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ExtendedJuvenile Jurisdiction.

Juvenilecrime has increased over time, and the gravity of crimes has alsoworsened. Juveniles were previously convicted for crimes such asburglary, robbery and possession of stolen items or contraband.Lately, the crimes have increased and worsened with juveniles beingconvicted for crimes such as murder, robbery with violence.

Accordingto Brummer (2001), the rise in criminal convictions has prompted somestates such as Minnesota to formulate laws that allow for thetransfer of cases from Juvenile courts to adult courts. Thejustification of the transfer, however, is based on the severity ofthe crime committed. There are crimes such as burglary ormisdemeanors do not require transfer to adult courts unless the courtis dealing with a serial offender. Juvenile delinquency, however,leads to the engagement of worse crimes such as drug peddling,robbery with violence or murder.

Authoritiesat the juvenile level pass minor judgments such as detention forjuvenile crimes which the serial juvenile offender may get used to.Griffin et al. (2000) opine that punishments at the juvenile levelare not severe enough to deter crime, hence it is important thatauthorities should transfer serial offenders’ cases and majorcrimes to adult courts for punishment. Adult court judgments areenough to deter juvenile delinquents from breaking the law. It isjustified for juvenile cases to be transferred to adult courts todeter juvenile delinquency.

Extendedjuvenile jurisdiction entails the ability of the juvenile court toaward judgment to juvenile cases that were previously transferred tothe adult court due to the age of the offender or severity of thecrime. Redding, Richard and Howell (2000) note that EJJ isadvantageous in tackling offenses because that state, with or withoutenough resources at the juvenile level inadequacy of juvenileprogram may transfer such cases as EJJ and pass the befittingjudgments. For instance, when a juvenile commits murder or robberywith violence, the juvenile program is not able to adequately providethe correctional procedures. Treated as EJJ, justice prevails.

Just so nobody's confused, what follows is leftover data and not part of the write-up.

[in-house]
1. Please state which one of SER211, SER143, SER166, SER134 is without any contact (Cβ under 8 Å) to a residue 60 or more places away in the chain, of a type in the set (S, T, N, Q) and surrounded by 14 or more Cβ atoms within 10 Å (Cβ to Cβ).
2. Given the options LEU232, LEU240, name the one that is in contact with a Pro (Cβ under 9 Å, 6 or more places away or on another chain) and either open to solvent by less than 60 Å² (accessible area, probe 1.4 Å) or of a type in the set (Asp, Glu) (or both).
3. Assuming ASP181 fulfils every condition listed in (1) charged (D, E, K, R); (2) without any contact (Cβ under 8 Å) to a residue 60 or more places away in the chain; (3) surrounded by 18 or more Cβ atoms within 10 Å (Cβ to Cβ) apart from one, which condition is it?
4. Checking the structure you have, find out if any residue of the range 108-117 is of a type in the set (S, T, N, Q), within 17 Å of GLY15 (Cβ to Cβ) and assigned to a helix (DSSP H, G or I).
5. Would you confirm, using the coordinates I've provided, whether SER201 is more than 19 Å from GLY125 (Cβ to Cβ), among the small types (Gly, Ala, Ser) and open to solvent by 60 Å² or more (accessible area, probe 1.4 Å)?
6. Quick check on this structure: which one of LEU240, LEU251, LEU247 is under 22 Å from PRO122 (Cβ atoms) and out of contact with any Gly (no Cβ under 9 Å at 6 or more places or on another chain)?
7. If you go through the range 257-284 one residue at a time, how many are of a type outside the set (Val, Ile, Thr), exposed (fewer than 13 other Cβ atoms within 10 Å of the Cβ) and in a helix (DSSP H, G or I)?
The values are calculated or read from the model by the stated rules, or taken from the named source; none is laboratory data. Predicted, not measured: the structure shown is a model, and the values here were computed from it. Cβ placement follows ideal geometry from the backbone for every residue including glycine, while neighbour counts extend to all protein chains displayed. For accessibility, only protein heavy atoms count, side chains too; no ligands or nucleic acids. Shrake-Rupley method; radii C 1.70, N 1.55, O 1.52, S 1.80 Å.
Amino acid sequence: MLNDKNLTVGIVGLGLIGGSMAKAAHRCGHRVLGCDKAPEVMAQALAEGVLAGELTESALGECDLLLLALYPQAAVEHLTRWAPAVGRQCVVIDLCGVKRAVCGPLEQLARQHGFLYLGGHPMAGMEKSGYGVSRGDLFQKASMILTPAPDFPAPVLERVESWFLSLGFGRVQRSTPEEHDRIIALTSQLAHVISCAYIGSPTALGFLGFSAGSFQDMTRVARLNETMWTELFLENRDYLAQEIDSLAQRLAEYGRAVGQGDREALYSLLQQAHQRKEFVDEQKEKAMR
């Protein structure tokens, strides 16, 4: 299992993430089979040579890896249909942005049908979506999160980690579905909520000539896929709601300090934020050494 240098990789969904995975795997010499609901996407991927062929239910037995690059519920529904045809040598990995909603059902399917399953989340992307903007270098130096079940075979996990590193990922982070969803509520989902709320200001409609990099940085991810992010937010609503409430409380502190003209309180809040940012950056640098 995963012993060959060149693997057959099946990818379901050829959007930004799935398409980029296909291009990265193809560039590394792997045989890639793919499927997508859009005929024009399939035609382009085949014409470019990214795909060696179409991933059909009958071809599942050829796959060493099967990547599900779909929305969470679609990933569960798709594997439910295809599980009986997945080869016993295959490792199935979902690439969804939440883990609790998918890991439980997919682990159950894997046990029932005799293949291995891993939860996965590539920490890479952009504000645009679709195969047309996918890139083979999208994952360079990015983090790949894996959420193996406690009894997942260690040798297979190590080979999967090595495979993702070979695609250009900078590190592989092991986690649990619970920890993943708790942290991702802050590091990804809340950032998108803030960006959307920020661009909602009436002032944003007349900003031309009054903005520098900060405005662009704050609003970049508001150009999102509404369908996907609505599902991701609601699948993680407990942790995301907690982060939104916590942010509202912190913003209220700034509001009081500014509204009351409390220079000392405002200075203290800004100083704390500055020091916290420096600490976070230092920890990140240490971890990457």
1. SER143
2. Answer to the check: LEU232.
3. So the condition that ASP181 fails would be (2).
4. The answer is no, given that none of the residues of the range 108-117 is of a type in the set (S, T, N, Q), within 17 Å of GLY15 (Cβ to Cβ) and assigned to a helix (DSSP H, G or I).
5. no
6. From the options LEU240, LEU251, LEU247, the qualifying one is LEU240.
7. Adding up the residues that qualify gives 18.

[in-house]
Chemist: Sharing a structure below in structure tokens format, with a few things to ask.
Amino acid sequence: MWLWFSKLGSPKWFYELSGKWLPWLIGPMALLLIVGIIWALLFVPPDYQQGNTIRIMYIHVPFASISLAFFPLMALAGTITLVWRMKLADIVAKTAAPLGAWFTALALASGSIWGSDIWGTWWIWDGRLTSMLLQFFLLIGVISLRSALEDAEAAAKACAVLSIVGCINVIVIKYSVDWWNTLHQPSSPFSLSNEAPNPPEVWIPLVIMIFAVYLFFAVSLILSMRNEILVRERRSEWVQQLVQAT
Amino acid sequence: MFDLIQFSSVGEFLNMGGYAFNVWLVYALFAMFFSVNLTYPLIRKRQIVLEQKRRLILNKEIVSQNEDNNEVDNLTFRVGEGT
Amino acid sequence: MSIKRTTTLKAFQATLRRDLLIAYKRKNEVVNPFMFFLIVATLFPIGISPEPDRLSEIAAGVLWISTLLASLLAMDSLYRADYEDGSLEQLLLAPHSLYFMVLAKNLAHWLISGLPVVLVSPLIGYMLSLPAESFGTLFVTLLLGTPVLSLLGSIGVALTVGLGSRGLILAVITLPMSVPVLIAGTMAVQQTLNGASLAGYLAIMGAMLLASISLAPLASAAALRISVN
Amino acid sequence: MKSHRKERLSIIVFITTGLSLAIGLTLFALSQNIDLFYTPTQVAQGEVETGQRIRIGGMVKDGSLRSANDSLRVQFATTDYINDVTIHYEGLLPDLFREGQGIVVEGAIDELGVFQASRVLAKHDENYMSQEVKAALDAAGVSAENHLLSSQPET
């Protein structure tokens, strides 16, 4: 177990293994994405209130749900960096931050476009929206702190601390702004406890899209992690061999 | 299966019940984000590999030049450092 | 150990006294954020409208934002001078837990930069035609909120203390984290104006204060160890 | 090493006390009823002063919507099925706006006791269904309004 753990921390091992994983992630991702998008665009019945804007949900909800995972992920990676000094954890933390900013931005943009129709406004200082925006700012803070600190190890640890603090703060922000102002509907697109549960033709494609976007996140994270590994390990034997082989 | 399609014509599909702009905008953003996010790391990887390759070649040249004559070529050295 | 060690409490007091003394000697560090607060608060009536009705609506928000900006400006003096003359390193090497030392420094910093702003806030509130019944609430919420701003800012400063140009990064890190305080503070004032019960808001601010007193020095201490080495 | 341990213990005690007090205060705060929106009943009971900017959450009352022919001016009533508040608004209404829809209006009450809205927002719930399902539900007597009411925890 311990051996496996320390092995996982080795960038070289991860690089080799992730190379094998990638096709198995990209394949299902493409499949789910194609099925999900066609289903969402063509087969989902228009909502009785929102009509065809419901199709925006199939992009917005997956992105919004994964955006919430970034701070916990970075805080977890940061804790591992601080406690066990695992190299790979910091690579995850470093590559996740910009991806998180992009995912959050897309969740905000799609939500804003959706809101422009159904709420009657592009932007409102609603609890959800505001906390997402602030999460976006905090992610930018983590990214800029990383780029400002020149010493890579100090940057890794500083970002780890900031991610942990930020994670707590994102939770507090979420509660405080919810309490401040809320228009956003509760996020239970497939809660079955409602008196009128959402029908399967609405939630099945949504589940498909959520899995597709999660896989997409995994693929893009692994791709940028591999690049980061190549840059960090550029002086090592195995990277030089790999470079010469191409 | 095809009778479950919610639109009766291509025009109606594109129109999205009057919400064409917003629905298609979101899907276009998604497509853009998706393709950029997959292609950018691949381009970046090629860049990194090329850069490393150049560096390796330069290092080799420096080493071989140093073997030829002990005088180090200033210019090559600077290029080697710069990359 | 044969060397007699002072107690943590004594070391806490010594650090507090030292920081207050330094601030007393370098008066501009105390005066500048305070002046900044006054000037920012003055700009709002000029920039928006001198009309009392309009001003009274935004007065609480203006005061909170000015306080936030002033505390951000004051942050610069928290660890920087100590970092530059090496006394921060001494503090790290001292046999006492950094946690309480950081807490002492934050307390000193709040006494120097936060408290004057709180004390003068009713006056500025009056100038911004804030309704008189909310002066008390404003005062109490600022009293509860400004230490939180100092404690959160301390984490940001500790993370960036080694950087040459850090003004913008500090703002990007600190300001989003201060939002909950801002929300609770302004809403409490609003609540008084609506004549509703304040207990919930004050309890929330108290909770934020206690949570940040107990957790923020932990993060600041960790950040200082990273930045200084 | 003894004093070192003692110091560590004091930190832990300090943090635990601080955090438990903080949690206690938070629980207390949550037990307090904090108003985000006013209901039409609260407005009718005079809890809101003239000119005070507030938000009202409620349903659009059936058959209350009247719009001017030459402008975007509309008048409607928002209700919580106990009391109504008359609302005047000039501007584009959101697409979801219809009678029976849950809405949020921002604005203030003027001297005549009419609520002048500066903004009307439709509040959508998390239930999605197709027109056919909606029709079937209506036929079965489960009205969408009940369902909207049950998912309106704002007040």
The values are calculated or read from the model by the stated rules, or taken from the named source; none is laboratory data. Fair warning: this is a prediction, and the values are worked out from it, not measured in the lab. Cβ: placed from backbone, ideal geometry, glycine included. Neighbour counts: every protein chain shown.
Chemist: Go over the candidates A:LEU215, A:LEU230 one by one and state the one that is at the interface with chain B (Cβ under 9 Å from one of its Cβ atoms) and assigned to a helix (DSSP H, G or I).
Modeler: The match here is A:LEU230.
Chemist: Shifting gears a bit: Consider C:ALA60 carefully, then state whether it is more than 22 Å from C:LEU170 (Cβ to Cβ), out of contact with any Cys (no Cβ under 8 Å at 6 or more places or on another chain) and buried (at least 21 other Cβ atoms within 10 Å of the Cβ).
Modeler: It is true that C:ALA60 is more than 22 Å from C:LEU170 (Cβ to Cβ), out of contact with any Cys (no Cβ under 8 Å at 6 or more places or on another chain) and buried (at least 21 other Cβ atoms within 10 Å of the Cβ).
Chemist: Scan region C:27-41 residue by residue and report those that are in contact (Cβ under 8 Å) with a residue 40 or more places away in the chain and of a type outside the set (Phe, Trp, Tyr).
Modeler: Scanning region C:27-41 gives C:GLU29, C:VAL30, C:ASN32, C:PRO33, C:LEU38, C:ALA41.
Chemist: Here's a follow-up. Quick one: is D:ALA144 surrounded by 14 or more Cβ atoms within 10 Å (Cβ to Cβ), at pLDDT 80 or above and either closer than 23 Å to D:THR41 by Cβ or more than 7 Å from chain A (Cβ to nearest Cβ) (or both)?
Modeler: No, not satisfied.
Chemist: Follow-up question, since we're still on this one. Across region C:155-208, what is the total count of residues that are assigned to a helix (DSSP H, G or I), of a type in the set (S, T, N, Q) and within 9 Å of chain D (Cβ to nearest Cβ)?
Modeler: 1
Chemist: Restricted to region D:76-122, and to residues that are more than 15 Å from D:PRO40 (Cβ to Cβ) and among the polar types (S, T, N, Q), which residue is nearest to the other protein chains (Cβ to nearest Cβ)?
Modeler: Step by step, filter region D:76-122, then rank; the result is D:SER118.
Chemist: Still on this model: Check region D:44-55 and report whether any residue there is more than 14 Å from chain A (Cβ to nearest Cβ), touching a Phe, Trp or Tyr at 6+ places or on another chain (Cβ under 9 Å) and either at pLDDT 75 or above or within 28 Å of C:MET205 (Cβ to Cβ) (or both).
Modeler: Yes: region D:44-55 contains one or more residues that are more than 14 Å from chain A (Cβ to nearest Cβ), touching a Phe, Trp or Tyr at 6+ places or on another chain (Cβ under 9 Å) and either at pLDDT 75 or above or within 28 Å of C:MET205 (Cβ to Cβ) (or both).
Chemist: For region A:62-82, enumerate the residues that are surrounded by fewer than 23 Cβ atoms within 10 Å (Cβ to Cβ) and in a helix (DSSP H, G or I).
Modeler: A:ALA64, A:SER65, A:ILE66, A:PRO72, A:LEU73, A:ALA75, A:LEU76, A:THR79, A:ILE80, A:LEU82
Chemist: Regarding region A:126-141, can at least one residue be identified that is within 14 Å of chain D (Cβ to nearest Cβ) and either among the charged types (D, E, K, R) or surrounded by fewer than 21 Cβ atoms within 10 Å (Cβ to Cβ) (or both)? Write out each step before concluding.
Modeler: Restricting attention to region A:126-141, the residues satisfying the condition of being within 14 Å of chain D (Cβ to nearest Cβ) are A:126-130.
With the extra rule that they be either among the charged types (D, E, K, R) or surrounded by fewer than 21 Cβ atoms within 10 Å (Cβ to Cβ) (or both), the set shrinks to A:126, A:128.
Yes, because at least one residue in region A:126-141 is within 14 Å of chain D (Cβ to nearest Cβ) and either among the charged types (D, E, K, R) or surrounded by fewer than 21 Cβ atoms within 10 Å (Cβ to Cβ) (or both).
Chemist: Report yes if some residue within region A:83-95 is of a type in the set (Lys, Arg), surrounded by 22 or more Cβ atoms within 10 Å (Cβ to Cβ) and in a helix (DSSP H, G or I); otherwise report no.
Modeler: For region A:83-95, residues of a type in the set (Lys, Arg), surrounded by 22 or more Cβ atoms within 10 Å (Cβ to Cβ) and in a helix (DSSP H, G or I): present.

EJJhowever, has disadvantages. The system may fail due to dispositionaloptions available at the court to pass the appropriate judgment for ajuvenile delinquent who is at an age period of 16 – 19 years ofage. Treating such cases as adult cases, especially in misdemeanorcrimes may not be fair to the offender.


Brummer,Chauncey E. &quotExtended juvenile jurisdiction: The best of bothworlds.&quot&nbspArk.L. Rev.&nbsp54(2001): 777.

Griffin,Patrick, Hunter Hurst, and Lynn Mackenzie. Juvenile criminalsanctions: Three states that changed the rules. Washington, DC: USDepartment of Justice, Office of Justice Programs, Office of JuvenileJustice and Delinquency Prevention, 2000.

Redding,Richard E., and James C. Howell. &quotBlended sentencing in Americanjuvenile courts.&quot The changing borders of juvenile justice:Transfer of adolescents to the criminal court (2000)